- If a given goal vector g always generates the same pose vector Φ, then the system is said to be repeatable
- This is not likely to be the case for redundant systems unless we specifically try to enforce it
- If we always compute the new pose by starting from the last pose, the system will probably not be repeatable
- If, however, we always reset it to a ‘comfortable’ default pose, then the solution should be repeatable
- One potential problem with this approach however is that it may introduce sharp discontinuities in the solution

- Remember, that the Jacobian matrix relates each DOF in the skeleton to each scalar value in the e vector
- The components of the matrix are based on quantities that are all expressed in world space, and the matrix itself does not contain any actual information about the connectivity of the skeleton
- Therefore, we extend the IK approach to handle tree structures and multiple end effectors without much difficulty
- We simply add more DOFs to the end effector vector to represent the other quantities that we want to constrain
- However, the issue of scaling the derivatives becomes more important as more joints are considered

- Another approach to handling tree structures and multiple end effectors is to simply treat it as several individual chains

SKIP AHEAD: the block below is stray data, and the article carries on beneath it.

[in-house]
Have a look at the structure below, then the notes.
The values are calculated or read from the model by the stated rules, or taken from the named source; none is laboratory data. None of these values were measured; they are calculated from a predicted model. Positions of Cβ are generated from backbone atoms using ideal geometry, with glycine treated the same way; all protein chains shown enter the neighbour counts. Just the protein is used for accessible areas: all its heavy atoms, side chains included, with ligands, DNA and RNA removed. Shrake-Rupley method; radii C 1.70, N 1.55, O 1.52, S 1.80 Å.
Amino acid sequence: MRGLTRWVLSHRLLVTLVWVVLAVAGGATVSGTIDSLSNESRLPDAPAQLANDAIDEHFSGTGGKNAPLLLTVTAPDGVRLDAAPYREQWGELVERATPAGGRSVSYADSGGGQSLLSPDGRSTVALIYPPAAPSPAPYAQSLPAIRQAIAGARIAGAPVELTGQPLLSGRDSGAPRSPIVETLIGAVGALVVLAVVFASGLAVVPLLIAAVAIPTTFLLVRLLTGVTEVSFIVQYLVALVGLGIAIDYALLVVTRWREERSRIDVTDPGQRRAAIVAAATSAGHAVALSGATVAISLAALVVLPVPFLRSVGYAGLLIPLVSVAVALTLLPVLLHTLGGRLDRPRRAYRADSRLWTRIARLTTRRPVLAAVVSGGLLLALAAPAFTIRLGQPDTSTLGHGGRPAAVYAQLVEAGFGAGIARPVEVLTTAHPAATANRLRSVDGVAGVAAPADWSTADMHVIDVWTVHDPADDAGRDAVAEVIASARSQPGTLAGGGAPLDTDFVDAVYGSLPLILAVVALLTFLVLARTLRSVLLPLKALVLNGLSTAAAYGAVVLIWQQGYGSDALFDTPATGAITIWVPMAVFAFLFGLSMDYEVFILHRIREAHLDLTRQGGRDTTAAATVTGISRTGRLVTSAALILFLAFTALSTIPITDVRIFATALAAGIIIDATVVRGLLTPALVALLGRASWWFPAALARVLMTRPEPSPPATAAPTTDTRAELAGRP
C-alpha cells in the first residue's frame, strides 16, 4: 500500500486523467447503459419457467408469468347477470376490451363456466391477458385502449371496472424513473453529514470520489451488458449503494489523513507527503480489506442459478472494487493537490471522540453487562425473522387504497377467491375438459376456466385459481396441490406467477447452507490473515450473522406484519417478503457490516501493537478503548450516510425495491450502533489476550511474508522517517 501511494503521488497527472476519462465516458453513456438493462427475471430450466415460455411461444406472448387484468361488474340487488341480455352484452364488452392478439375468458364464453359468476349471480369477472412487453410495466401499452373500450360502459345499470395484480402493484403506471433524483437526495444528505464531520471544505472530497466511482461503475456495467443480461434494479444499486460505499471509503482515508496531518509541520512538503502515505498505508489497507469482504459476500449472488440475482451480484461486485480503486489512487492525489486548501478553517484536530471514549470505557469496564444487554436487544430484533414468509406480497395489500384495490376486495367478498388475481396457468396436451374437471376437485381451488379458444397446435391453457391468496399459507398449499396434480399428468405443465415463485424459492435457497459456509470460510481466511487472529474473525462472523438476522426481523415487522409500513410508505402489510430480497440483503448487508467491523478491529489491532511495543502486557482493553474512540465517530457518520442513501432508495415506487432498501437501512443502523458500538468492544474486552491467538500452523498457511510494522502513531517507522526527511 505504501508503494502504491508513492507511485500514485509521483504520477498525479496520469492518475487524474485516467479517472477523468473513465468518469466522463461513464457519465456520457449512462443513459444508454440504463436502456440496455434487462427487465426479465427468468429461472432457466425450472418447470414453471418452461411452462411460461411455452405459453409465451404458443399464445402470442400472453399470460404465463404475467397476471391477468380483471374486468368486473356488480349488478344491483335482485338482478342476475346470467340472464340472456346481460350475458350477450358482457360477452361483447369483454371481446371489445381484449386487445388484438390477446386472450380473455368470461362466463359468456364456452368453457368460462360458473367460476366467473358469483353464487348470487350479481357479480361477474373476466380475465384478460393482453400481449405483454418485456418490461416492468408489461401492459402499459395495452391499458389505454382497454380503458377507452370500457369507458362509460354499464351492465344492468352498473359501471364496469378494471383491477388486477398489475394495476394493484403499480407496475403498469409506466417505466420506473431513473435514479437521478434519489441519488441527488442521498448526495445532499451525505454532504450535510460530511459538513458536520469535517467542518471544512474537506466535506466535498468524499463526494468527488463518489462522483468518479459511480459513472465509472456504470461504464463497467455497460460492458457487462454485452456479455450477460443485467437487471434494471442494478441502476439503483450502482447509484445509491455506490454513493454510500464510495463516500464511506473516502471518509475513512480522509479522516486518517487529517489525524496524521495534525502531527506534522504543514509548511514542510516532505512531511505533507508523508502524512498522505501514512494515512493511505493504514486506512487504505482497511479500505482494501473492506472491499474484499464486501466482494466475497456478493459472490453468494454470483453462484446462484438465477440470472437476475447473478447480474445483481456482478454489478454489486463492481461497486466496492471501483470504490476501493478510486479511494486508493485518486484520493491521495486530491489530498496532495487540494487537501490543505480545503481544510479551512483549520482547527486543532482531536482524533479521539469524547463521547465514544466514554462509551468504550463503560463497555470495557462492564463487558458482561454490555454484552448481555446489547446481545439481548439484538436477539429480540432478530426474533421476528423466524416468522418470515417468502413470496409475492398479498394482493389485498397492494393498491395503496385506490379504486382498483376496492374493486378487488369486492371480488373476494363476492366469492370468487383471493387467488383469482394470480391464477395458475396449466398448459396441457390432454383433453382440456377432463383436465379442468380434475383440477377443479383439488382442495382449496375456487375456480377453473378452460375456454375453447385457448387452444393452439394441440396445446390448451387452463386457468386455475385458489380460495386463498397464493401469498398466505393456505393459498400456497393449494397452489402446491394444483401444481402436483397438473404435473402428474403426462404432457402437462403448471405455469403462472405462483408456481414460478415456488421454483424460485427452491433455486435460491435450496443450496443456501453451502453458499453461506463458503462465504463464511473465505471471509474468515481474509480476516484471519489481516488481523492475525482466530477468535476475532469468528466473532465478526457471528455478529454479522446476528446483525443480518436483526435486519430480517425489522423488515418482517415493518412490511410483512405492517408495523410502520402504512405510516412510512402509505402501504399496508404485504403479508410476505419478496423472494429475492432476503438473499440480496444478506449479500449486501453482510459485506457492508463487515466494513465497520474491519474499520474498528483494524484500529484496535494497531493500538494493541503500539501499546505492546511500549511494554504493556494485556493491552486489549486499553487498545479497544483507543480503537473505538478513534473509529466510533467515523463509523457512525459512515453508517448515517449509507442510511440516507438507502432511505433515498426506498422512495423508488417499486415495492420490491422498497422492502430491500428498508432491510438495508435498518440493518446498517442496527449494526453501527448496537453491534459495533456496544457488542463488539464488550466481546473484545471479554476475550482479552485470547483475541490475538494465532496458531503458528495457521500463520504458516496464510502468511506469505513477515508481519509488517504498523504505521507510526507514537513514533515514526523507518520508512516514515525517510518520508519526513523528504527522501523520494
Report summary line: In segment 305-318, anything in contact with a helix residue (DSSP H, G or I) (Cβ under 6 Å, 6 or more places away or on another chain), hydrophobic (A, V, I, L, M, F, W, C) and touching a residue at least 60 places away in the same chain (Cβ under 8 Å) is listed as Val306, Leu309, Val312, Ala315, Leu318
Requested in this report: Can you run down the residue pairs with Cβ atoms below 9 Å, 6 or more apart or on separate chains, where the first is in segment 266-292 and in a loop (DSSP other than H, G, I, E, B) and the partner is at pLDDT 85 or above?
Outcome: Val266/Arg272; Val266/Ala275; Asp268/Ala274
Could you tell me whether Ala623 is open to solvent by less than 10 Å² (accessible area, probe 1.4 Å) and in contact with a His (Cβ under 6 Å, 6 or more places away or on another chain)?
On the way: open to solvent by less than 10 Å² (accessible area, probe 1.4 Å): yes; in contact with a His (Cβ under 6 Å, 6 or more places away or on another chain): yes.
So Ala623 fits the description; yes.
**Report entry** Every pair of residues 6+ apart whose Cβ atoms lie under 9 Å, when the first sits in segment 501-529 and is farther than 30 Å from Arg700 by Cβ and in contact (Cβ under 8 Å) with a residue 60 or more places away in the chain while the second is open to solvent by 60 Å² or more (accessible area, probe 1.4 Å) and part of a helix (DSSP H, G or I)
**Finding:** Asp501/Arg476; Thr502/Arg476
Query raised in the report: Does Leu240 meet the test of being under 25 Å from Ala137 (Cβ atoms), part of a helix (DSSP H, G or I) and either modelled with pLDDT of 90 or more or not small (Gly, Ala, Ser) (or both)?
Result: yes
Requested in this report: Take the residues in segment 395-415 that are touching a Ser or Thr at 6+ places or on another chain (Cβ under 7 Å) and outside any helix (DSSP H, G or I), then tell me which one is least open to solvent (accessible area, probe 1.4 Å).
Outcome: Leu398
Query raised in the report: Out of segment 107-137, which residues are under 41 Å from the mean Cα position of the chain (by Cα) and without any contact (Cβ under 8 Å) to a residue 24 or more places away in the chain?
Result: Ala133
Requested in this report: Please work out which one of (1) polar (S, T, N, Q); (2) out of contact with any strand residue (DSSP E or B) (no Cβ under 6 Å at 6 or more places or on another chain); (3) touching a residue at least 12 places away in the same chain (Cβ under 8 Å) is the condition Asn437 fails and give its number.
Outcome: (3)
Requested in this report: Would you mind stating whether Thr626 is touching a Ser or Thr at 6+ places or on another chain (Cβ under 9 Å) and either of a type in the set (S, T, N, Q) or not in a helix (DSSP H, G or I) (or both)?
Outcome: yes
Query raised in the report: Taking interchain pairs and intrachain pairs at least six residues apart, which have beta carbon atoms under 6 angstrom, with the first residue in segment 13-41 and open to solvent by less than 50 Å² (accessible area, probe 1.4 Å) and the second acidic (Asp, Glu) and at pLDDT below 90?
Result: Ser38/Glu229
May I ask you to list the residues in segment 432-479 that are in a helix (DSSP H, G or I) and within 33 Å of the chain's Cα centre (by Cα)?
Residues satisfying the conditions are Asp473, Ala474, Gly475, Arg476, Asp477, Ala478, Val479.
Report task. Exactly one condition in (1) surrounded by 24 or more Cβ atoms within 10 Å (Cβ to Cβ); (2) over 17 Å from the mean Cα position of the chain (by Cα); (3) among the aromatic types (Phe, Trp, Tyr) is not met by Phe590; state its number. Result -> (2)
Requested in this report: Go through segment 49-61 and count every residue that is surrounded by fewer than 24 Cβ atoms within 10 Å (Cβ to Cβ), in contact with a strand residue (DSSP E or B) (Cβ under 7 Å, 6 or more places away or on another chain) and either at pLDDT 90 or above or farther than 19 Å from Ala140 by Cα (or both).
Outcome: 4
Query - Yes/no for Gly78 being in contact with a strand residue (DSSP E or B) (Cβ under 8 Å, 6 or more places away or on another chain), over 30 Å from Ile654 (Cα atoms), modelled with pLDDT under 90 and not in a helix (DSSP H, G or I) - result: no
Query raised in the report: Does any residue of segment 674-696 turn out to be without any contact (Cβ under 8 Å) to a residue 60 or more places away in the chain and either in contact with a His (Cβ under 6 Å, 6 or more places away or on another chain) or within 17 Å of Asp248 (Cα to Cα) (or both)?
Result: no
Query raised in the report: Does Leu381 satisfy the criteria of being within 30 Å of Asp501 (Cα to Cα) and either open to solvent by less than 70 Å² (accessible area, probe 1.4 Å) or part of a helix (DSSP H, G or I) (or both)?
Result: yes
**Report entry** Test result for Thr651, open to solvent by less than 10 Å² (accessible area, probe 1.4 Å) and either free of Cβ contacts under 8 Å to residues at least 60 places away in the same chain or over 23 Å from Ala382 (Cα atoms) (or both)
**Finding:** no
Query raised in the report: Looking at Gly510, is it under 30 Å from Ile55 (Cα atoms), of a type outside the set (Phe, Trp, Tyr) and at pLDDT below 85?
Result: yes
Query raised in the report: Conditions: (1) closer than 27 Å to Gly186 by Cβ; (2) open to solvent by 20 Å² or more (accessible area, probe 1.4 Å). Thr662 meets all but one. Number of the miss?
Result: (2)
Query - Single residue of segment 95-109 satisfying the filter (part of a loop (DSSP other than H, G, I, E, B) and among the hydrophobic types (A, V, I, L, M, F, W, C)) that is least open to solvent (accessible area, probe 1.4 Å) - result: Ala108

- This works for characters often, as we can animate the body with a forward kinematic approach, and then animate each limb with IK by positioning the hand/foot as the end effector goal
- This can be faster and simpler, and actually offer a nicer way to control the character

- One can also add more abstract geometric constraints to the system
- Constrain distances, angles within the skeleton
- Prevent bones from intersecting each other or the environment
- Apply different weights to the constraints to signify their importance
- Have additional controls that try to maximize the ‘comfort’ of a solution

- Cyclic Coordinate Descent
- This technique is more of a trigonometric approach and is more heuristic. It does, however, tend to converge in fewer iterations than the Jacobian methods, even though each iteration is a bit more expensive

- Analytical Methods
- For simple chains, one can directly invert the forward kinematic equations to obtain an exact solution. This method can be very fast, very predictable, and precisely controllable. With some finesse, one can even formulate good analytical solvers for more complex chains with multiple DOFs and redundancy

- Other Numerical Methods
- There are lots of other general purpose numerical methods for solving problems that can be cast into f(x)=g format